Some of the attitudes attributed to her sound very good. She sounds like she believes she is at court to serve the litigants and that she is careful to apply the correct law to the facts which she tries to make sure she has down correctly. Nobody could argue with that. I am not sure what a conservative approach to a case, criminal or civil, really is. The approach, to me, should be what she said it was; the law applied to the facts. Get the facts down right and make sure you apply the correct law. There does not seem to be anything conservative or liberal about that. I guess she did not claim to be conservative on the law, others did. She just essentially claimed she was there to serve the litigants. Judge Battisti used to say that too and he meant it. I Judge Lioi means it too.


Posted by: Dan Roth (Cleveland) on November 23, 2013 5:11AM
Add Your Comment
Name:

Location:

E-mail: (not published, only used to contact you about your comment)


Comments:




 
Page Options

Print this page

E-Mail this page / Send mp3

Share on Facebook




Stories with Recent Comments

Ohio's attorney general rejectsthe latest proposal to legalize marijuana
i think the ag launguage is money hes talking about drug companies must pay him more than responsible ohio can

PBS documentary chronicles the fall of Saigon through new footage and stories
Hi, Does anyone know the number - in the pbs special "Last Days of Vietnam" documentary, of how many Vietnamese were evacuated? Please e-mail me the answer. T...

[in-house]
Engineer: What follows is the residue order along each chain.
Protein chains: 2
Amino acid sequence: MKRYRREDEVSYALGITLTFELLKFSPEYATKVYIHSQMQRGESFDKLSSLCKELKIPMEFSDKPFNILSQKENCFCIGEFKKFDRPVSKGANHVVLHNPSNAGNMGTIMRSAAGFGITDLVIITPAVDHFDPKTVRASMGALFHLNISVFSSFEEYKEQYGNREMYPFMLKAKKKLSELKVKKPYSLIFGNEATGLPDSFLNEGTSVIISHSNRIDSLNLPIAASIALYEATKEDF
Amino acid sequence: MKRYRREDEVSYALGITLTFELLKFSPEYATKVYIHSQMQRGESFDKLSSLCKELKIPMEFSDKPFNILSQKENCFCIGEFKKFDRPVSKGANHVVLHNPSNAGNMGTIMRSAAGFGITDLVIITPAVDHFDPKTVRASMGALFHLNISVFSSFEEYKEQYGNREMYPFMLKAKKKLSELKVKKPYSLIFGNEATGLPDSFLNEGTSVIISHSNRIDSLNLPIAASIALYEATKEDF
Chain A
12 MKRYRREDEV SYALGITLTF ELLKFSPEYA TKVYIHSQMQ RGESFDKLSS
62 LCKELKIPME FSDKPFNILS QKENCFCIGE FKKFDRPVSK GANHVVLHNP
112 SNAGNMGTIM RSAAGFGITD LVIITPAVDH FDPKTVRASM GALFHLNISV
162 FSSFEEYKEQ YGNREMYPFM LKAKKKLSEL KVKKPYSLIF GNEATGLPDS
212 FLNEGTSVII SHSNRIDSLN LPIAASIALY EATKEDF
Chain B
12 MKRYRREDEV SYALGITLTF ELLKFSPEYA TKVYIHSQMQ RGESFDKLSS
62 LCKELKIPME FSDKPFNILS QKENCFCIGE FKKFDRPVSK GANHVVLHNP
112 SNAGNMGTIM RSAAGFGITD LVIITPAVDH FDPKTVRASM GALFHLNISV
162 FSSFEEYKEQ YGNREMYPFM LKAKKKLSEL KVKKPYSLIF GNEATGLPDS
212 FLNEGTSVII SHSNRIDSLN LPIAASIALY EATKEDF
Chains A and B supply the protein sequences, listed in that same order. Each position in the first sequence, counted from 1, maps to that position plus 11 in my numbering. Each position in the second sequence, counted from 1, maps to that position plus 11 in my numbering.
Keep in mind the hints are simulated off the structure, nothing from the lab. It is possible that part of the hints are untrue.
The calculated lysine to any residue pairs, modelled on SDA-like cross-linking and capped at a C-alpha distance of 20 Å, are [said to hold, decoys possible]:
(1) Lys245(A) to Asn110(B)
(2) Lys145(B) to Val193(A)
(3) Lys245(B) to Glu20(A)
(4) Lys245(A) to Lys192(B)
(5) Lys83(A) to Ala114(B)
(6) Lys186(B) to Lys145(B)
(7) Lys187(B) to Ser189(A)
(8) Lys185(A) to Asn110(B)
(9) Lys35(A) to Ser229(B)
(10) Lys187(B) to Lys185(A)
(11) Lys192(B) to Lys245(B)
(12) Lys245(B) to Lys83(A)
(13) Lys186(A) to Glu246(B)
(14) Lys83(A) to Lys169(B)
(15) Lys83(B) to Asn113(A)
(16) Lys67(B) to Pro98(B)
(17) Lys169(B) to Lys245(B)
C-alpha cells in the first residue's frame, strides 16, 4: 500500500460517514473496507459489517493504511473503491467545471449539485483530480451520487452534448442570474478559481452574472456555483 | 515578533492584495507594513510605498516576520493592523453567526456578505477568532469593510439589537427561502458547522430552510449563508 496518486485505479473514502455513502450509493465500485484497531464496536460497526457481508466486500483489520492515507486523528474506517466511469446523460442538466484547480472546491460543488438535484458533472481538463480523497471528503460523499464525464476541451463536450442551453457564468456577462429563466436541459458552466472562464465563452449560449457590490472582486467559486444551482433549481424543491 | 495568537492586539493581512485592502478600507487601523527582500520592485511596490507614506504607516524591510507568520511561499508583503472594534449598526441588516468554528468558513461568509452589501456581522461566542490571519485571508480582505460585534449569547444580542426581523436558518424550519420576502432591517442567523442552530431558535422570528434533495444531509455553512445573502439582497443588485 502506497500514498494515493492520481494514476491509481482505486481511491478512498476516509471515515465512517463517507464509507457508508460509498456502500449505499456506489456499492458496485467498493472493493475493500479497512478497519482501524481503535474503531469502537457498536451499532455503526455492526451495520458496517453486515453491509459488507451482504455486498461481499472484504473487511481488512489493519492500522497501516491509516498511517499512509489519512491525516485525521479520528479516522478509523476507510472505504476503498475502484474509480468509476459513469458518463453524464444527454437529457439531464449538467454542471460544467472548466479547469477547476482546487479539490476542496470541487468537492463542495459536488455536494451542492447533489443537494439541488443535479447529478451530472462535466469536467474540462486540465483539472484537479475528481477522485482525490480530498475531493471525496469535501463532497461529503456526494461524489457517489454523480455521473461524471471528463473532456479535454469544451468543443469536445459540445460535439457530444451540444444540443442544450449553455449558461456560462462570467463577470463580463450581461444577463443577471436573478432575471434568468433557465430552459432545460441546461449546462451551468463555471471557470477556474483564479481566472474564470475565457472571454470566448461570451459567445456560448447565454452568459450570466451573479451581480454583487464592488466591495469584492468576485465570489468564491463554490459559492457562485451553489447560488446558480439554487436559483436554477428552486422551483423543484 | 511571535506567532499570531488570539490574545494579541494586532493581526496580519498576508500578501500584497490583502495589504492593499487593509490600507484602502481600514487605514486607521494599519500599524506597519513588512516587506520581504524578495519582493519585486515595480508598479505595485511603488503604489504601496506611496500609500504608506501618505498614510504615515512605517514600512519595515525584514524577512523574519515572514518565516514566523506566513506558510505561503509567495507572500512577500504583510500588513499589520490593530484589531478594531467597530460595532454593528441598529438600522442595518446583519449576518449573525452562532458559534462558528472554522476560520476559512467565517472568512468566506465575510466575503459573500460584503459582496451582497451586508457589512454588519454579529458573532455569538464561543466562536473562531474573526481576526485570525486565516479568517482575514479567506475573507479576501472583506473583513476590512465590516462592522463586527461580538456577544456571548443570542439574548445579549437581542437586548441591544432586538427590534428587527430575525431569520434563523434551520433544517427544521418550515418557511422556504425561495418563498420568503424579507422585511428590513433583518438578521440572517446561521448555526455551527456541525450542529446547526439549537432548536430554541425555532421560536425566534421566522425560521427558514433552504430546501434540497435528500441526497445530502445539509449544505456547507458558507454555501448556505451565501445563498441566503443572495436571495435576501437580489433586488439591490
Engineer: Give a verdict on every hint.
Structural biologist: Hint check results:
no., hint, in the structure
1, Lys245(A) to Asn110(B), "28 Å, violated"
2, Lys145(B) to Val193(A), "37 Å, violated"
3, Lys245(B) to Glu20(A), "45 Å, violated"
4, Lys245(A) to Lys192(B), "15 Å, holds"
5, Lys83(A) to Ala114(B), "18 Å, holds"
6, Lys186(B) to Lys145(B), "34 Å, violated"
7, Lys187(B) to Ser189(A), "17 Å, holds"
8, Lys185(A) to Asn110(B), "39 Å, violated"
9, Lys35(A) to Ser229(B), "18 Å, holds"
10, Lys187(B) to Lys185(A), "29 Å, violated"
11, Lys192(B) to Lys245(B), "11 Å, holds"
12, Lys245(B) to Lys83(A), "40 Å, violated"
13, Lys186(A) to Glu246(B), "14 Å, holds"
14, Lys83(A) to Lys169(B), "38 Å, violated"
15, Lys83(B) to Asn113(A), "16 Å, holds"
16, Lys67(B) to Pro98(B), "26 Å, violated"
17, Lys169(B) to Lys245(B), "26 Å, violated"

Protest planned at tomorrow's FirstEnergy meeting
The problems of the poor and downtrodden have nothing to do with First Energy. They are the result of Republican legislators who consistently reduce taxes on th...

Ohio bill would help smaller communities with LGBT discrimination laws
Do we not try and have rights for all individuals equally? On the HUD list of "preferred" candidates who get "special consideration" it states that: For purp...

Ohio likely will continue with two types of police academies
Wake up people your wanting a Harvard law school education for a job that may pay a little over the poverty level. I don't know anyone who could support a wife ...

Police Week's ties from NE Ohio to D.C.
The men and women in blue who risk their lives everyday to serve and protect us....and this is as much recognition and appreciation that NPR/WKSU feels to offer...

First in a Series: How charter schools got a foothold in Ohio
If the interest where in education and there would be oversight of taxpayer dollars, charter schools would be okay. However, Charter School in Ohio are purely f...

Near West Theater raises the curtain at its new home with 'Shrek the Musical'
When I heard you were doing an article about the Near West Theater, I was very excited, because I had seen the lobby artwork in process on the floor of the arti...

Northeast Ohio pastors want to talk reform with Akron-based FirstEnergy
It's great that this First Energy bailout request is getting media coverage. First Energy is asking to be allowed to NOT find the best costing energy to sell us...

Copyright © 2015 WKSU Public Radio, All Rights Reserved.

 
In Partnership With:

NPR PRI Kent State University

listen in windows media format listen in realplayer format Car Talk Hosts: Tom & Ray Magliozzi Fresh Air Host: Terry Gross A Service of Kent State University 89.7 WKSU | NPR.Classical.Other smart stuff. NPR Senior Correspondent: Noah Adams Living on Earth Host: Steve Curwood 89.7 WKSU | NPR.Classical.Other smart stuff. A Service of Kent State University